Elaine Viceda1 January 1970

It Is All About (Artificial) Love

Films

Ah, love: that culturally over-sensationalized yet scientifically under-explored phenomenon. So fascinating is its mystery and so frightening its magnitude, that we have spent millennia developing our own rationalizations of its power. So perplexing are its effects that the discovery that love was manufactured in the brain (romantic love, for example, is processed through a series of neurotransmitters and hormones starting with testosterone and estrogen, and ending with oxytocin and vasopressin) was more difficult to accept than the previously-held yet completely-fictitious concept that our hearts were the generators of these feelings. Nonetheless, we know of one certain truth: that we may never come to fully understand love, but we will always remain its captivated audience, devoting countless works of art and research to its name for the rest of our existence.

It is only fitting, then, that in so many imaginings of the future, where our technological advancements have culminated in the most interesting settings, themes of love are just as noticeably present as they are with current depictions of today’s world. Artificial intelligence has become a popular medium through which filmmakers and authors alike have explored love and its effects on human-made machines. After all, why would it not be utterly mesmerizing to know that we are capable of simulating love in our own creations, and have reached a level of accuracy that we cannot discern between what is real and what is not? And in doing so, would this not imply how much progress we have made towards the quest to demystify love, further deepening the understanding of our own humanity?

In these next three films, we explore the concept of artificial love as it is portrayed in cinematic science fiction created in the last few years. Although there is no specific objective to accomplish from watching these films, it is thoroughly fascinating to see how these filmmakers have interpreted the powerful effects of love, and what the events in each film are truly saying about our own nature.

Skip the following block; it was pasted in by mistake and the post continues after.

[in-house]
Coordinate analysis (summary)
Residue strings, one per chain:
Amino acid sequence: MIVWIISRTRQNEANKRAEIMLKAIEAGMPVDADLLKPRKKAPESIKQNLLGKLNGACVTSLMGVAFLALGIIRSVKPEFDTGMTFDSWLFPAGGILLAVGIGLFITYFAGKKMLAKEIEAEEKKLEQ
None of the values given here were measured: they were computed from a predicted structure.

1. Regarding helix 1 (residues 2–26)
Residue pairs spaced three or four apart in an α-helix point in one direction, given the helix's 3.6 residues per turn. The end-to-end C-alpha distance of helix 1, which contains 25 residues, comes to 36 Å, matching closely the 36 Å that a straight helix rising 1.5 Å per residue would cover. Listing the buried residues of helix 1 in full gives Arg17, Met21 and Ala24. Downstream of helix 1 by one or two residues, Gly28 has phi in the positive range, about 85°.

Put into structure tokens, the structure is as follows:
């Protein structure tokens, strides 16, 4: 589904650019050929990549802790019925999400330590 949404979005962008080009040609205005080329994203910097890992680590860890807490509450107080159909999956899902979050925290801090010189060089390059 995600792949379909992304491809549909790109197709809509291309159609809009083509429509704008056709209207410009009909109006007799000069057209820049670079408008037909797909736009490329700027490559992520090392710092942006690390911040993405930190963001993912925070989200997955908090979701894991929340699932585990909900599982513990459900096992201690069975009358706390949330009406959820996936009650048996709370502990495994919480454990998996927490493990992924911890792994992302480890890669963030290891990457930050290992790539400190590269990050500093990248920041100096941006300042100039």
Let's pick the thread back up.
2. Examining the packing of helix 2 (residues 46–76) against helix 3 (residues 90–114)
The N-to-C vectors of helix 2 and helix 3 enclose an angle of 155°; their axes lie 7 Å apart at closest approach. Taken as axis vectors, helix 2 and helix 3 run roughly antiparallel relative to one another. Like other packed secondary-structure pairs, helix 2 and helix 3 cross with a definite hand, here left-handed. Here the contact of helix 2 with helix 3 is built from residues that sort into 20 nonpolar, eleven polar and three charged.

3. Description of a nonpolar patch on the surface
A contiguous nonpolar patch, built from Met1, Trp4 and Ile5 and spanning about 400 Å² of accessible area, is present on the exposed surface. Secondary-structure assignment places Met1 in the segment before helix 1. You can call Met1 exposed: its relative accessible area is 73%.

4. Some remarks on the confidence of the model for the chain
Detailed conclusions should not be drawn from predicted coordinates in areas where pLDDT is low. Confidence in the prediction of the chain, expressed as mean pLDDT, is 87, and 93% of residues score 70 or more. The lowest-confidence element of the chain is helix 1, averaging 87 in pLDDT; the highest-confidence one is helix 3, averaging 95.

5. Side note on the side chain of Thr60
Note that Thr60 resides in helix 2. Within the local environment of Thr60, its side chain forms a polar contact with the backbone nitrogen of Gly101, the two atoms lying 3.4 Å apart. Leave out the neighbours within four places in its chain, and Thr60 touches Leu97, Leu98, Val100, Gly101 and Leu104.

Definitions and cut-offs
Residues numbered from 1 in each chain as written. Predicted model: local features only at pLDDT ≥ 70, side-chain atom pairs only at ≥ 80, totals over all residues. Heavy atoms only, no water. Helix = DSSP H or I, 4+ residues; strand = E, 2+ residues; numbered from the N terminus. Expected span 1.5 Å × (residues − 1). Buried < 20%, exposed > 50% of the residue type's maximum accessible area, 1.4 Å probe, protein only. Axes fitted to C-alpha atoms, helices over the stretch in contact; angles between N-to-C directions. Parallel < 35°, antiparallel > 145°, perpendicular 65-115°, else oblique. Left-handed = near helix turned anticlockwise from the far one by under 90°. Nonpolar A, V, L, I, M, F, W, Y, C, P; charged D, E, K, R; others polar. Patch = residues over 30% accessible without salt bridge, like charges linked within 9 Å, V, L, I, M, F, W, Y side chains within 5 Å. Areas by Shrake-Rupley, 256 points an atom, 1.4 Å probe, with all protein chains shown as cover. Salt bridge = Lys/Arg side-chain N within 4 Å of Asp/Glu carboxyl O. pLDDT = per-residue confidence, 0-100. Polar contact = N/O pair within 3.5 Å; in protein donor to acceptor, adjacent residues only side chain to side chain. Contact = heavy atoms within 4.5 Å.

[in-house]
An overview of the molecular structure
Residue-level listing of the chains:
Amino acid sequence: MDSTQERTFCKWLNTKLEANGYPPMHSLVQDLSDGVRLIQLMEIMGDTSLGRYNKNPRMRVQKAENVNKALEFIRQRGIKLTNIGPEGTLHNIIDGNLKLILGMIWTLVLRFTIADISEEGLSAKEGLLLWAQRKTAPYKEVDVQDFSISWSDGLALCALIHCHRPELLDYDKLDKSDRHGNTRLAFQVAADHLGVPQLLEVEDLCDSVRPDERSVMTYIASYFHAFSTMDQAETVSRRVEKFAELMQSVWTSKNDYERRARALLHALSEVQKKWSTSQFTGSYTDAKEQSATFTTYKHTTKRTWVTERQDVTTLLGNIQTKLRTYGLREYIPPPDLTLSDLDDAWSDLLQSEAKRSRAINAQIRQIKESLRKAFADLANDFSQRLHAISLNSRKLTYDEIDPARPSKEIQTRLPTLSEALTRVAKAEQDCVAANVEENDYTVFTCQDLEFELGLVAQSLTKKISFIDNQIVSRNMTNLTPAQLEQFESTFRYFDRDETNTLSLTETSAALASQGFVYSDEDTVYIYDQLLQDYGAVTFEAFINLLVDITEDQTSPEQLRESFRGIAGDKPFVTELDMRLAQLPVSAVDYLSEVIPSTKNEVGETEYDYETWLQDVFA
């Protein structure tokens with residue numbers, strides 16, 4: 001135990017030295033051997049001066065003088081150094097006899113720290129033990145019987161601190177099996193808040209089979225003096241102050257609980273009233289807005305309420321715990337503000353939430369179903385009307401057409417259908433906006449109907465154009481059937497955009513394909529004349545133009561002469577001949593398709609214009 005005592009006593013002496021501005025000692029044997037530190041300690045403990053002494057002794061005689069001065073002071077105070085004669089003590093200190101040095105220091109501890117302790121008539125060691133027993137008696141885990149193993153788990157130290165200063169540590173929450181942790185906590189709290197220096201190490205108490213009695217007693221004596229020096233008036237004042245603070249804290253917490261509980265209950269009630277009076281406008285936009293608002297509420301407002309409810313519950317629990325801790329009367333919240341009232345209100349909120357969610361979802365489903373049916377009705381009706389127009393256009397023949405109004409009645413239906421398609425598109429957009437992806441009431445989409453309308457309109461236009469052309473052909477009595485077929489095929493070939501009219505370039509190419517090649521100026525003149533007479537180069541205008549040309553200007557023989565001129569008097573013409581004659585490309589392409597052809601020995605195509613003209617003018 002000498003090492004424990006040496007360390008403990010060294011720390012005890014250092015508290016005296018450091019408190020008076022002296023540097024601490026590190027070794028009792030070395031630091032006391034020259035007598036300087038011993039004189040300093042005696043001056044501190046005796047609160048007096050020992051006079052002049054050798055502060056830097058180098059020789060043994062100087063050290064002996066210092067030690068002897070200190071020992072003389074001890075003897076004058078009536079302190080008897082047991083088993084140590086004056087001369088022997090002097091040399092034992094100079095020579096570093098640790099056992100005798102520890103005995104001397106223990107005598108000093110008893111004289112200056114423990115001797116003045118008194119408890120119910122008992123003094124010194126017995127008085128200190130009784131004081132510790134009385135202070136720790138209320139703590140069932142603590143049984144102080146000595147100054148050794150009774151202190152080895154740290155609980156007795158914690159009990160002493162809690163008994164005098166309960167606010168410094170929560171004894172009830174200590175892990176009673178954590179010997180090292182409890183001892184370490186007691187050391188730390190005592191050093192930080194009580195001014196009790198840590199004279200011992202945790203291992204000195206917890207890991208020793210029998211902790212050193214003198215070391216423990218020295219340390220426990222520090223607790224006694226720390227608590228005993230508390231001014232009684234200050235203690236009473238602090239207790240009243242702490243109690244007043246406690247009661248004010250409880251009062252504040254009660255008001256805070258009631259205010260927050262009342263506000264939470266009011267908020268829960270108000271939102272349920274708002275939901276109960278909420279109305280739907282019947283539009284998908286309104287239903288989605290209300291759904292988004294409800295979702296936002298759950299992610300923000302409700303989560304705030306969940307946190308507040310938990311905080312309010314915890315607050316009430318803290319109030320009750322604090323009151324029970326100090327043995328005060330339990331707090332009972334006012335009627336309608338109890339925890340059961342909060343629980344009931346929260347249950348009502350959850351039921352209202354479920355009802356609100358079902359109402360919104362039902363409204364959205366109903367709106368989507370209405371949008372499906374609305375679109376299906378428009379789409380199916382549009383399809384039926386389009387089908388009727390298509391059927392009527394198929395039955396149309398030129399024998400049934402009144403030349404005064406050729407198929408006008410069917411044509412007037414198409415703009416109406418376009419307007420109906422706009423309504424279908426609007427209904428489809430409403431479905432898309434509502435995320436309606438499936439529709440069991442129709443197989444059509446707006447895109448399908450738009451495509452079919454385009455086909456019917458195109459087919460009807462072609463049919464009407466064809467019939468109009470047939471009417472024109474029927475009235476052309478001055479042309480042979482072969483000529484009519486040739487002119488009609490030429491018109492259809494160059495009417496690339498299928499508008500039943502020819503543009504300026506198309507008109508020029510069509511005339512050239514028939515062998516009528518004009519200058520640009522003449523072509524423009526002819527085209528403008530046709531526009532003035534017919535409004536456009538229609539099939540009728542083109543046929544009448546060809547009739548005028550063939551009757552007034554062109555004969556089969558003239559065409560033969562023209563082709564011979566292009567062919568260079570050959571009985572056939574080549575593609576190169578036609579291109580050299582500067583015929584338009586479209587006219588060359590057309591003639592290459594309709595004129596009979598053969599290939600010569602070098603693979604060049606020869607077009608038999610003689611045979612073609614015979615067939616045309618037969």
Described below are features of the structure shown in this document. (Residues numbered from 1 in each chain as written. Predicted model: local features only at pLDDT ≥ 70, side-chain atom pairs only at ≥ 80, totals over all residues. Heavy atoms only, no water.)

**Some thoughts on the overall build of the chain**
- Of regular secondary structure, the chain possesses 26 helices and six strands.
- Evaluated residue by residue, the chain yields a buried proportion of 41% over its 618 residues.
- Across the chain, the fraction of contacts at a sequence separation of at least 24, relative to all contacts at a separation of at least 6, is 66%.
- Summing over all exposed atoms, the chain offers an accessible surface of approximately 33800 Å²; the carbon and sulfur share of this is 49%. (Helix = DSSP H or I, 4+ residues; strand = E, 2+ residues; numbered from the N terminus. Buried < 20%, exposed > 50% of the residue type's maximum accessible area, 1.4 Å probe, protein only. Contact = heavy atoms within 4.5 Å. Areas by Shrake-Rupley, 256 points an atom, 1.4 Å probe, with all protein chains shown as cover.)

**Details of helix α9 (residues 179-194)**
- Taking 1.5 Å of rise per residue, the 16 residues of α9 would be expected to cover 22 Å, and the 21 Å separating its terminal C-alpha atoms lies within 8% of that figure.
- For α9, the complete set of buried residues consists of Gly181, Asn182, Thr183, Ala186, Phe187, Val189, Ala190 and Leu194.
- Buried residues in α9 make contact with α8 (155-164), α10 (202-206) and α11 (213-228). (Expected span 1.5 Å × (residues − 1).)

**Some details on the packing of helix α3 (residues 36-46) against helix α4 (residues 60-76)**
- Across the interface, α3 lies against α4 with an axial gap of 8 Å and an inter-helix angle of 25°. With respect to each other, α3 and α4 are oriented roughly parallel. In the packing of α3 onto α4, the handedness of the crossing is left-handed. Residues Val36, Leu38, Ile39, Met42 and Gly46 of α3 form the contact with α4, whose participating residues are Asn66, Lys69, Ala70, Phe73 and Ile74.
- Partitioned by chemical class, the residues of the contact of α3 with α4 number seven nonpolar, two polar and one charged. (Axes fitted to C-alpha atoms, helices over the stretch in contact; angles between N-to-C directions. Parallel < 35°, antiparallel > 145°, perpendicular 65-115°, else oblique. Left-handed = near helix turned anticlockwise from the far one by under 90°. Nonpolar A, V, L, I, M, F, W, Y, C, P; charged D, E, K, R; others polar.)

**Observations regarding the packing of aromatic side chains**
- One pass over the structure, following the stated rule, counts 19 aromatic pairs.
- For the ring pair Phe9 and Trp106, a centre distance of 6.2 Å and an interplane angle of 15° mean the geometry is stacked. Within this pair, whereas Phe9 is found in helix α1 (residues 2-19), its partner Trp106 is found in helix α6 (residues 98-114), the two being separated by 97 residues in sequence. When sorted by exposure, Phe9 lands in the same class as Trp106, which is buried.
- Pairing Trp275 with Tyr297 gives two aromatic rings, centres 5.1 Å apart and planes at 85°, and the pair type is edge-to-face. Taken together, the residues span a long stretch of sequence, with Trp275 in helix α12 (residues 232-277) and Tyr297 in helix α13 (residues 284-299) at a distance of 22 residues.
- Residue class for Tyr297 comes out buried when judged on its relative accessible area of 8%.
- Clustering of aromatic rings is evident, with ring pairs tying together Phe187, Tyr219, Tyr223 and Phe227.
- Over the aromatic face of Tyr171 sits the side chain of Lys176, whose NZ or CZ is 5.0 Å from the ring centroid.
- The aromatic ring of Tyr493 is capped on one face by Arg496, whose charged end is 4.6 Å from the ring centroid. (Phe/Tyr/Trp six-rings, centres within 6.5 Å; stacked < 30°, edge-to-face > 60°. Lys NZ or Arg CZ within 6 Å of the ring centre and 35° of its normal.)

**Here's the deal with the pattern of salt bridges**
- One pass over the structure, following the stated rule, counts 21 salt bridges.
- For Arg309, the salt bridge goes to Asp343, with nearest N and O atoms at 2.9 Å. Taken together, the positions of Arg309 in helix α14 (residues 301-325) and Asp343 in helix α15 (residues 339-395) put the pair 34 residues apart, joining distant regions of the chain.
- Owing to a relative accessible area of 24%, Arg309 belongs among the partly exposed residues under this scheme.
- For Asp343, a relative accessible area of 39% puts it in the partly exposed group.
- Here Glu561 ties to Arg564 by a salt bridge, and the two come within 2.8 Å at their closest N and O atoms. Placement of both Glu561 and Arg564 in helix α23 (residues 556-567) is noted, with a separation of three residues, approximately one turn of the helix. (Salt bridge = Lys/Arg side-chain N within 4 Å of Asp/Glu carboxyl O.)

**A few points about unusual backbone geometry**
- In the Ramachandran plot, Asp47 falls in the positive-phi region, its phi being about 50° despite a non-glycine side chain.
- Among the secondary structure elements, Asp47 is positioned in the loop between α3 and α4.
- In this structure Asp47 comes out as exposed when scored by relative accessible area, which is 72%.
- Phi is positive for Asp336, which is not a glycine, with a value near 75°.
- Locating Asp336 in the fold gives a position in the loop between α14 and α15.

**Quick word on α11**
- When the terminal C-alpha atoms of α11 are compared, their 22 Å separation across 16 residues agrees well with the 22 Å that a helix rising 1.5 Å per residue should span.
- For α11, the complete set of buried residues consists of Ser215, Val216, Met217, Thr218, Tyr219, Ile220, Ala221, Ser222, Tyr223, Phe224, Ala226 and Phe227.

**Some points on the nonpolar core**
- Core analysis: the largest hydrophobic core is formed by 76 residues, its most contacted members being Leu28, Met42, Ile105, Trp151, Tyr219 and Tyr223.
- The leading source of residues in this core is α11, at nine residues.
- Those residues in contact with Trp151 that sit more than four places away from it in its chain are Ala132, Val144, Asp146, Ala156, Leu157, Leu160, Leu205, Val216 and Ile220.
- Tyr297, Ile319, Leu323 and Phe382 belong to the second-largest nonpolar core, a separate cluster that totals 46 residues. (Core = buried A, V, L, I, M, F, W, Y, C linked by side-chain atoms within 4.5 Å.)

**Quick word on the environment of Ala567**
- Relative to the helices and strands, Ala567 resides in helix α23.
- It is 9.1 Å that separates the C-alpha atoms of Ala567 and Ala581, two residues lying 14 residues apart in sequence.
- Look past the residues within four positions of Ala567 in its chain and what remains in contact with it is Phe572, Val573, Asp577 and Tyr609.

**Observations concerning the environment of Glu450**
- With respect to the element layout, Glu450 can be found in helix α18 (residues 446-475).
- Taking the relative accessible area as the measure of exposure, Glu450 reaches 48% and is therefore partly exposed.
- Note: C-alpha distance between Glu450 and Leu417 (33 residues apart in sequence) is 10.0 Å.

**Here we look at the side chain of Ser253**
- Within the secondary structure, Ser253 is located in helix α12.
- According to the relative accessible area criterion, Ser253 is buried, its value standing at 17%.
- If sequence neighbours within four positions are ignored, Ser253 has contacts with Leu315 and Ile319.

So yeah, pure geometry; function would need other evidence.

Artificial Love (Amour Artificiel) by Les Parasites (Synchrone Pictures)

In the aptly-named award-winning short Artificial Love, four friends live in a near future where human- like A.I. machines are not only easily-programmable, they are so well-assimilated into society that it’s difficult to tell the difference between humans and robots. The story starts when a young man is introduced to a girl, who unbeknownst to him is an A.I. machine created by his friends so that “he has someone to love”. The diligent team behind this project managed to assemble an incredibly captivating film within 48 hours despite their low budget and short screen time, and it is worth all the views for this alone. In the end we are forced to question the different reasons for which we pursue love, and the extent to which we will try to attain it.

"Is it worth it?" (Artificial Love)

Robot & Scarecrow by Kibwe Tavares (Factory Fifteen) 

In this colorfully fantastical future, a singing robot who is increasingly exhausted with her situation is brought to perform at a music festival, where a scarecrow comes to life just a few miles away. Straightforward, wonderfully-executed, and thoroughly devastating in the end, Robot & Scarecrow is a beautiful portrayal of two entities that are not supposed to feel emotions yet are daring to defy their very nature, strategically juxtaposed by the constant presence of human apathy that threatens to drive them apart.

A moment of intimacy between Robot & Scarecrow

Abe by Rob McLellan (Dust)

Click here to watch the film

In this terrifying short, Abe is a sentient robot that has gained the ability to love, but cannot understand it the way that humans do. He is utterly confounded by its mystery, much like a child who was suddenly given a full scope of a specific emotion without any preparation would. The result is a sobering warning of the dangers of artificial intelligence, especially if we proceed with this technology with carelessness and irresponsibility.

Robot Abe prepares for a dissection

Author Bio:

Elaine is a marketing professional with an educational background in molecular biology. Her passions lie in the intersection between creativity and science. 

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